Recently, a journalist asked me a series of very basic questions about religion. I want to share my answers with you, and I encourage you to share your answers here, with The Wisdom Daily community.
What’s your view on heaven and hell?
Heaven and hell are accountability technologies designed to incentivize human beings to do the right thing. As with all technologies, the question is whether they are getting the job done and whether there are new technologies that can be more effective in helping us be better people. I know people who believe in the most literal version of heaven and hell, but it clearly has no affect on their moral choices in this life. And I know people who think heaven and hell are delusional projections, who act in ways that, if it turns out there is a heaven, they’ve surely earned their way in.
Determining what is evil, and eliminating it, is an ongoing human task.
What happens to a person’s soul when they die?
I don’t know, as I haven’t died yet. But after more than three decades of sitting with people as they are dying, and experiencing the deaths of parents and other loved ones, I have become very pragmatic. Soul or no soul, death is a homecoming or death is the end, resurrection, reincarnation, immortality, to dust and ashes…my criteria for what to believe are: Does your view mitigate the fear and terror around death? Does your view help you live more vitally and ethically? Does it support your fight for life, and help you let go at the right time? Does it enable you (and those around you) to be more honest, hopeful, comfortable, aware, compassionate, loving and even more “joyful” about dying? Does your view allow you to grasp the truth of the Ecclesiastes poet who wrote, “There is a time for birth and a time for death”? If it does, then believe it, and we will compare notes in the next world.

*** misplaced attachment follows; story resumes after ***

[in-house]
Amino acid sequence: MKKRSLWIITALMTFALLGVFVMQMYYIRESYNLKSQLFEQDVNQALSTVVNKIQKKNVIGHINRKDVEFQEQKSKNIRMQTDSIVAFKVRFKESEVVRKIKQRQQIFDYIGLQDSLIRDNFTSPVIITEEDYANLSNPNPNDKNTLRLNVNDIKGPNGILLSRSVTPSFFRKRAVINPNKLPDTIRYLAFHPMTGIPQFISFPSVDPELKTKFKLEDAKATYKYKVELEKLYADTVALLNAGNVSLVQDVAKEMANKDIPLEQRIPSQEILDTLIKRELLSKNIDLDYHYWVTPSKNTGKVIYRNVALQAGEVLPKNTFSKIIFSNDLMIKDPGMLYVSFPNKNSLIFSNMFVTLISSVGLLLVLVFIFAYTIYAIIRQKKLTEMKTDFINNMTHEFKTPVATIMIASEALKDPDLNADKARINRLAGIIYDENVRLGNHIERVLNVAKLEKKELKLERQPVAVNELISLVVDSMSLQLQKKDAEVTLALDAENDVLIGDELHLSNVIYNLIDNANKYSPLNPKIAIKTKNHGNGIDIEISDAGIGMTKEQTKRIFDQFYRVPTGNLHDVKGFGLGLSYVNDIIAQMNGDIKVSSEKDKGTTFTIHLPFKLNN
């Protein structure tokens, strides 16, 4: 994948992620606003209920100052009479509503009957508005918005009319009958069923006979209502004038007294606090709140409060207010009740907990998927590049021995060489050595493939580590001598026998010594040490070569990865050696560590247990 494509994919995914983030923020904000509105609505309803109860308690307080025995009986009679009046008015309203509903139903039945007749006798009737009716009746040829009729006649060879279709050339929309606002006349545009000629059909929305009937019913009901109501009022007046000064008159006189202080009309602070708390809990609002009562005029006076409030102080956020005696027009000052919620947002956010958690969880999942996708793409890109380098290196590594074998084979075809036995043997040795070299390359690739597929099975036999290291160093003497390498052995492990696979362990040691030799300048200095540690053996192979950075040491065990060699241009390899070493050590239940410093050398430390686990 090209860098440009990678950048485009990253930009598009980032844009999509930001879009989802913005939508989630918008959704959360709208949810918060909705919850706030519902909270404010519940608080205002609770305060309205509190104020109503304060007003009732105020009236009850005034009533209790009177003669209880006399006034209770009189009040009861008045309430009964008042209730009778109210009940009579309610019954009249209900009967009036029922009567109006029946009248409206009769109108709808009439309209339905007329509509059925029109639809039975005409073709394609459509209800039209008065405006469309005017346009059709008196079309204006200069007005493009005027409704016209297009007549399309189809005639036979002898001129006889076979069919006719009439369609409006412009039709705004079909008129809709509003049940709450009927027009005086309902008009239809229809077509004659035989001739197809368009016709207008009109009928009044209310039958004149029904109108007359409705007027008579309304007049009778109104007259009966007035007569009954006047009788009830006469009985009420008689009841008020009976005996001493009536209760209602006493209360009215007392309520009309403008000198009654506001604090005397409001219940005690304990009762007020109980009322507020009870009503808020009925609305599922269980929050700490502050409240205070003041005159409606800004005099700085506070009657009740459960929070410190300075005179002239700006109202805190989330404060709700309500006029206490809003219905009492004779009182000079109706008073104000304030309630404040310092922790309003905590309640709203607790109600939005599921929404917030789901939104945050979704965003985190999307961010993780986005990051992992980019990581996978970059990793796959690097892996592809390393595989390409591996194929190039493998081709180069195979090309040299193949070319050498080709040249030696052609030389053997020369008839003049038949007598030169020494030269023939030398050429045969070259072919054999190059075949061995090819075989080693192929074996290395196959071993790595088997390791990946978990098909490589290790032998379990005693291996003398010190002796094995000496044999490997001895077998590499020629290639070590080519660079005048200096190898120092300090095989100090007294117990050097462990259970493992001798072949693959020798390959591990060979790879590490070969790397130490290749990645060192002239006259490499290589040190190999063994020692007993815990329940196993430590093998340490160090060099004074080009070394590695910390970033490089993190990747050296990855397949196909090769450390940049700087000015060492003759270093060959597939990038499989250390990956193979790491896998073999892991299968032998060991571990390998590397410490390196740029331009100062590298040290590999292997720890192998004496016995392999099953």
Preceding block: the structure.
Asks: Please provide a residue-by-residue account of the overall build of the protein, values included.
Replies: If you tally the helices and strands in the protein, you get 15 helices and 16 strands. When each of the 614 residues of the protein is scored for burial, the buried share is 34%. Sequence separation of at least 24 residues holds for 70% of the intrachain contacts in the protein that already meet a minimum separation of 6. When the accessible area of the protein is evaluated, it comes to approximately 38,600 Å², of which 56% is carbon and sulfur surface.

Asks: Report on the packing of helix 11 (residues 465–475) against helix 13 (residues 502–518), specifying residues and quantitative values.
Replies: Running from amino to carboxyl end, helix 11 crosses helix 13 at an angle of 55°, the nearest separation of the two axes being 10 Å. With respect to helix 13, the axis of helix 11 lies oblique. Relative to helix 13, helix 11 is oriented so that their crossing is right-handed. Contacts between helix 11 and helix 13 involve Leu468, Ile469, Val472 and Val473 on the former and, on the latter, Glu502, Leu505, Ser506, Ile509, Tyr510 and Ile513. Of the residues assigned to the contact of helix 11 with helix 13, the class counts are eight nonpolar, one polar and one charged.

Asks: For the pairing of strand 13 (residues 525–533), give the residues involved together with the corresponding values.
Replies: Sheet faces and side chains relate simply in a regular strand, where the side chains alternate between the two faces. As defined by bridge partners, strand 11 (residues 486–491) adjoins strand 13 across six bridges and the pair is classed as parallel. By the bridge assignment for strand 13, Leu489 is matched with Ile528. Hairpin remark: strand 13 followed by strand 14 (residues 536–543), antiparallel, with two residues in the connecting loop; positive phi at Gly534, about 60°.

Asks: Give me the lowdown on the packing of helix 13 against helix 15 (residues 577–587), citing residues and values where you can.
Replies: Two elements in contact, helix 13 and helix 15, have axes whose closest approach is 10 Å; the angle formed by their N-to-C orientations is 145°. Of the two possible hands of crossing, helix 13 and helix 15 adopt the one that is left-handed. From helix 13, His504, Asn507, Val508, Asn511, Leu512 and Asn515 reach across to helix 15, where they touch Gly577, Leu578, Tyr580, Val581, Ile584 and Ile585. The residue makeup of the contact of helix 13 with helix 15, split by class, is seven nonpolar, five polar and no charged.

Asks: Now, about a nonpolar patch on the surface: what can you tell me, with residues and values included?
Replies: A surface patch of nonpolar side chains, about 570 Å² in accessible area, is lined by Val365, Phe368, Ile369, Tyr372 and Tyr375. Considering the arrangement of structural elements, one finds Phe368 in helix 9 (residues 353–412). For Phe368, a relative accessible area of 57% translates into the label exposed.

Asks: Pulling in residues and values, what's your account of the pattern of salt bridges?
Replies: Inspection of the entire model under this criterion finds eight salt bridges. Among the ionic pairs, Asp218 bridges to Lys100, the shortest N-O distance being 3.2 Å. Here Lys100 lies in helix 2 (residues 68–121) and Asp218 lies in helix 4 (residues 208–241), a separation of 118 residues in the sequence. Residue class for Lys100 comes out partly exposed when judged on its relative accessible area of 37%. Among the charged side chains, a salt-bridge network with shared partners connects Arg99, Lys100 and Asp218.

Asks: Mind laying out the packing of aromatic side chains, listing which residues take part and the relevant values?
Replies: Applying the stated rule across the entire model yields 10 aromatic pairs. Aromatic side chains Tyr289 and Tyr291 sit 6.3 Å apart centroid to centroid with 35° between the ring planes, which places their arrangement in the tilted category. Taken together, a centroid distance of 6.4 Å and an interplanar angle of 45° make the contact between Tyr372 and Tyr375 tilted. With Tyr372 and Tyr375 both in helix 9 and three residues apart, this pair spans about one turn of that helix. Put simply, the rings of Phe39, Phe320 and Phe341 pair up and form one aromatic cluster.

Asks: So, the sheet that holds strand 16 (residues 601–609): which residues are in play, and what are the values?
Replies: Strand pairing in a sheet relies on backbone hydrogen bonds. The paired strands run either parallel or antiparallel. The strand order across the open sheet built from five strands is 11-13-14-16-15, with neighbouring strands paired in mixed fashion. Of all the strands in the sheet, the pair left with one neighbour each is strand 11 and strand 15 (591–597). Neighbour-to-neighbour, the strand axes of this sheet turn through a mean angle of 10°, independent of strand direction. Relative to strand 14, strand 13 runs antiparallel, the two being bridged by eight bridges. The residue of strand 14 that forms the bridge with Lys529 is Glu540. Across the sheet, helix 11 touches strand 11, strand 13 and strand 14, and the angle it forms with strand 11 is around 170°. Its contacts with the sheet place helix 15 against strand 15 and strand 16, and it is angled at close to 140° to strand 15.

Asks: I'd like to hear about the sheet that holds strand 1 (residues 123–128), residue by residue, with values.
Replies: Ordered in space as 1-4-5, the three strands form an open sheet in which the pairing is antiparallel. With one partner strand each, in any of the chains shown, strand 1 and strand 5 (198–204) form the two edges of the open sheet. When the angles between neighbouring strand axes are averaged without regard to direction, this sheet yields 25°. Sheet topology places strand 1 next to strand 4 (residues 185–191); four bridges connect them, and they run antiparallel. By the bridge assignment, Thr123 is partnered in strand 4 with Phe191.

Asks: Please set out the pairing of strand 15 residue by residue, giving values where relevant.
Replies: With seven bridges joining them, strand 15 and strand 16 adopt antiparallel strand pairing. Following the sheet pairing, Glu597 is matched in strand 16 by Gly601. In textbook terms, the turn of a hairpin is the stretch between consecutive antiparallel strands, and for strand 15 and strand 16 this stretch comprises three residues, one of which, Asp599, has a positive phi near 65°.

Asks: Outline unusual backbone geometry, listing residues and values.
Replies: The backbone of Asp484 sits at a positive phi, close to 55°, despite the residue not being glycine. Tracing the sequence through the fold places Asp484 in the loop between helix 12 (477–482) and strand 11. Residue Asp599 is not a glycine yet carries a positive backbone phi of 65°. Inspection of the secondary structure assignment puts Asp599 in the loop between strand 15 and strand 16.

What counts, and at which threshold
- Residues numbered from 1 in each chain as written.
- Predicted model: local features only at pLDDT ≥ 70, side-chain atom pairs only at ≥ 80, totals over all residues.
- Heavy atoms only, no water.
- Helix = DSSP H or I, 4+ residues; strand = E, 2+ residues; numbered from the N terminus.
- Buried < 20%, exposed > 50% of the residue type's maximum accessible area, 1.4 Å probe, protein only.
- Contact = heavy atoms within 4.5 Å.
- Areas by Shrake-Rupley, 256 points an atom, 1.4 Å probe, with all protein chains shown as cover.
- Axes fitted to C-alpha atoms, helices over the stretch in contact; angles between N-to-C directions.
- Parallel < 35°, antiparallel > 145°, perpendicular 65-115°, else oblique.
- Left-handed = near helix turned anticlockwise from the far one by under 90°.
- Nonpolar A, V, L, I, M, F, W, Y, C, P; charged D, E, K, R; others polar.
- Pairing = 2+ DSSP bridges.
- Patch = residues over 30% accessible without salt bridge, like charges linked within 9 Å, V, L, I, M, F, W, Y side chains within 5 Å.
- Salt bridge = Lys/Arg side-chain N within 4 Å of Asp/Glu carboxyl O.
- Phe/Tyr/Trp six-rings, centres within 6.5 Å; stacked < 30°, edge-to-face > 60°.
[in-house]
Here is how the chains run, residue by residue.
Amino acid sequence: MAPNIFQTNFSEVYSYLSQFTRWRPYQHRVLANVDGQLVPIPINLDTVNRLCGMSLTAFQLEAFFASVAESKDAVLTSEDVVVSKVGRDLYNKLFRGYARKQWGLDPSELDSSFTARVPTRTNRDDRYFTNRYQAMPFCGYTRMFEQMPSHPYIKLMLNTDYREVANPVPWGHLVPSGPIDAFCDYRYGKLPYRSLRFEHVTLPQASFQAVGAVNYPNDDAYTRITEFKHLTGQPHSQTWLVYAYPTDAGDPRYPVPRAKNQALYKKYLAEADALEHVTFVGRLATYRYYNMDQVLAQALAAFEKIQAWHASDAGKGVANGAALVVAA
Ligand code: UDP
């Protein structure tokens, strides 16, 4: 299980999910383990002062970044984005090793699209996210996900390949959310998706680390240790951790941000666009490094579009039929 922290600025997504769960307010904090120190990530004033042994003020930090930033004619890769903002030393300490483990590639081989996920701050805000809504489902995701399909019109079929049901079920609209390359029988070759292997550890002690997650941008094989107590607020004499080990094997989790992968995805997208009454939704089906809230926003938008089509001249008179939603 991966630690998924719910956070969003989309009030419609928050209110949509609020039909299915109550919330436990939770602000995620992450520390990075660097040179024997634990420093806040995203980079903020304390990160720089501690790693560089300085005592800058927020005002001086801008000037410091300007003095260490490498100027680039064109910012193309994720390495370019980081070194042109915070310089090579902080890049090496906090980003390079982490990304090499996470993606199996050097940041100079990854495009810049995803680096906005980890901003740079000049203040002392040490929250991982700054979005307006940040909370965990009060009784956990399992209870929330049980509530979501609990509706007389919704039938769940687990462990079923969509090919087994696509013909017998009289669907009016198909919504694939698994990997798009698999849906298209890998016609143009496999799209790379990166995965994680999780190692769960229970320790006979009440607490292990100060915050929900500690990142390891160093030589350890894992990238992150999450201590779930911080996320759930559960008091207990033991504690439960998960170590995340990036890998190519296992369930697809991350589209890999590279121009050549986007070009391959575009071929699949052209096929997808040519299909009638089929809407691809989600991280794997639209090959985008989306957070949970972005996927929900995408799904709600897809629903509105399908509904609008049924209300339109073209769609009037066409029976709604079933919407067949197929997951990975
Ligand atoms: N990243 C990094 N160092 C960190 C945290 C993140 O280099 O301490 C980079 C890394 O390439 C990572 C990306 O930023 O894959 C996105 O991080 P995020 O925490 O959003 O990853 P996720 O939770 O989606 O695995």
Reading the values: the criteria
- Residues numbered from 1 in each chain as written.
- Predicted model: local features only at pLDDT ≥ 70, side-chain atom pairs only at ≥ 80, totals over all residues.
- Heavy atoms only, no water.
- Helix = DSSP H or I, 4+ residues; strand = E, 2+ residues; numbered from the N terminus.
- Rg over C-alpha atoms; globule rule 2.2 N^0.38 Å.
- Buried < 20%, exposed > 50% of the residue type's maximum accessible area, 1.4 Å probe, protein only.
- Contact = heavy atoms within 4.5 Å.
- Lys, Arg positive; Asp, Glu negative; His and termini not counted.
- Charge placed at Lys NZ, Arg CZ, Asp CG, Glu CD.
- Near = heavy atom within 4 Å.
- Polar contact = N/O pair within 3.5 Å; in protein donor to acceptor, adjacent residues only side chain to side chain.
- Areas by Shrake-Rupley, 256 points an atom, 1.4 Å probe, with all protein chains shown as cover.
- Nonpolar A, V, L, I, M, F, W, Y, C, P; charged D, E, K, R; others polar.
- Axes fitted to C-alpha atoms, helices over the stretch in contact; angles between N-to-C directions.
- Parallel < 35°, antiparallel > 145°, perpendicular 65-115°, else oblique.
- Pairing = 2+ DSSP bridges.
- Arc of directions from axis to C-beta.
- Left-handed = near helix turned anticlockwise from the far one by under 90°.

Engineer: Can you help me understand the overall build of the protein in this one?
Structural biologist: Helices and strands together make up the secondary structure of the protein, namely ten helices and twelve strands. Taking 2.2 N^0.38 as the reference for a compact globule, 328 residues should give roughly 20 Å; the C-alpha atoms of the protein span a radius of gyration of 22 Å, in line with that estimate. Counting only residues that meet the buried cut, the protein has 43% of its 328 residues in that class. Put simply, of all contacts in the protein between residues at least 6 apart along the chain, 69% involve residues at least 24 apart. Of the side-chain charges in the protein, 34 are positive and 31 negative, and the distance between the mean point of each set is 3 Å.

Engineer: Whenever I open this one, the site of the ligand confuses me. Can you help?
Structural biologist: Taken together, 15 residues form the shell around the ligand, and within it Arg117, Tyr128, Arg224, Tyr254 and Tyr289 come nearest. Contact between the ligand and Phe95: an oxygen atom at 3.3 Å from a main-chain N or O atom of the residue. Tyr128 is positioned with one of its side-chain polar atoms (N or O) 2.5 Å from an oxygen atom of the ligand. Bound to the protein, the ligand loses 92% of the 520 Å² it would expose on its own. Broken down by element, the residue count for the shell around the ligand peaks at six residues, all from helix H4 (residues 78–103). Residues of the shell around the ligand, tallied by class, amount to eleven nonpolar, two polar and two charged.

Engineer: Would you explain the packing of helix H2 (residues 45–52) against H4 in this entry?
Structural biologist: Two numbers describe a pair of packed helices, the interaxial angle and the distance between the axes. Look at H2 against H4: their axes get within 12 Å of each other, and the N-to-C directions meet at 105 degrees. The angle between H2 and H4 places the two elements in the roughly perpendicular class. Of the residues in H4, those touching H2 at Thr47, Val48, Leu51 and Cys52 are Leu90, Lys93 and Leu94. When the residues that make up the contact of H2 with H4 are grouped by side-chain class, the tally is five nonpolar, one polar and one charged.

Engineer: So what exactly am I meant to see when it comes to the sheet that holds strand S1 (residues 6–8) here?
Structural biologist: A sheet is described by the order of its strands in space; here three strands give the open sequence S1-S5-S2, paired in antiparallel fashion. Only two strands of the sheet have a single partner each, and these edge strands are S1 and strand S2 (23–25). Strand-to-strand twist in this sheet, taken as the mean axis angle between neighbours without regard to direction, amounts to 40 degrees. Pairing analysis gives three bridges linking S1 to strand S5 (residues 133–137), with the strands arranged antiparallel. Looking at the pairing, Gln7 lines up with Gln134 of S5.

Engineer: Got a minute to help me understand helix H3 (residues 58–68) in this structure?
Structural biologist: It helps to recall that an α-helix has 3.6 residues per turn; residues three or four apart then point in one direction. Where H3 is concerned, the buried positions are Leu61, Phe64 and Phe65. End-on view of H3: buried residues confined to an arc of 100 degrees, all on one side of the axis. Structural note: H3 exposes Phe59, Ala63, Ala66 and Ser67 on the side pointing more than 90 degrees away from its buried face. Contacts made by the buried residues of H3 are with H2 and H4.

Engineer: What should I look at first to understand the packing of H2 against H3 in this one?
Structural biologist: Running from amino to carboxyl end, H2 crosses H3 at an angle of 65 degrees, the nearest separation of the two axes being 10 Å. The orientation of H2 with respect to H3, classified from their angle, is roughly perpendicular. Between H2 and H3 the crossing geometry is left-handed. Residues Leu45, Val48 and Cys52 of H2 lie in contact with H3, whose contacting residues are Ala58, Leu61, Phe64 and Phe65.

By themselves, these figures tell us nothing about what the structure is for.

What counts as evil?
Evil acts are unimaginably hateful and horrifyingly abusive acts that cause intense harm, pain and suffering in others. People aren’t evil. People commit acts that are evil for a wide variety of reasons, including some mix of biography (how we were raised; our attachments, teachers and models; where we grew up; our values; how we metabolize rejection, guilt and shame) and our chemistry. Murder, rape and slavery are all evil acts. And yet, for most of human history, they’ve been practiced and continue to be. This suggests that, whether or not there’s objective evil, what actually constitutes evil is affected by our social and cultural context, by the communities in which we’re embedded. Determining what is evil, and eliminating it, is an ongoing human task.
And what counts as kindness?
Kindness is the practice of caring, understanding, supporting, sharing, giving the benefit of the doubt, acting with generosity and taking other people’s feelings/needs seriously. As much as kindness is a virtue, it’s also a muscle that needs to be exercised. Kindness is a practice we can get good at, so that when we encounter the choice to be kind or not – which we encounter myriad times during each day – we reflexively choose kindness.
What is sin, and can it be repented?
Sin is the gap between the way we act in any ethical moment – either out of ignorance, temptation, pain, shame, laziness or lack of awareness – and the way we know deep down we ought to act. In Jewish wisdom, sin simply means missing the mark. It’s being absent or forgetting who we really can be: our best and highest self.
We can always repent. Repentance is the process of: Recognizing how we missed the mark, Regretting what we did, and Repairing what needs to be repaired. Repentance means reconciling what we did with who we really want to be. And we only know whether we’ve truly repented the next time we’re in a similar situation and actually act differently.
What is the meaning of life?
To love others in order to better understand them. To help each other seek the truth about ourselves and our world. Each day, to become a bit more compassionate, ethical, grateful, loving and aware of the miracle of life than we were the day before. To develop our gifts, talents and abilities to make the world a better place during the short time we are here.
To flourish as human beings.
Irwin Kula is the co-founder and co-executive editor of The Wisdom Daily. A rabbi, Irwin’s writing has been featured in The Huffington Post and the Washington Post. He is the author of Yearnings: Embracing the Sacred Messiness of Life and a co-editor of The Book of Jewish Sacred Practices. Irwin has appeared on NBC’s The Today Show, The Oprah Winfrey Show, The O’Reilly Factor and PBS Frontline. Irwin also serves as President Emeritus of Clal, The National Jewish Center for Learning and Leadership, a leadership training institute, think tank and resource center in New York City.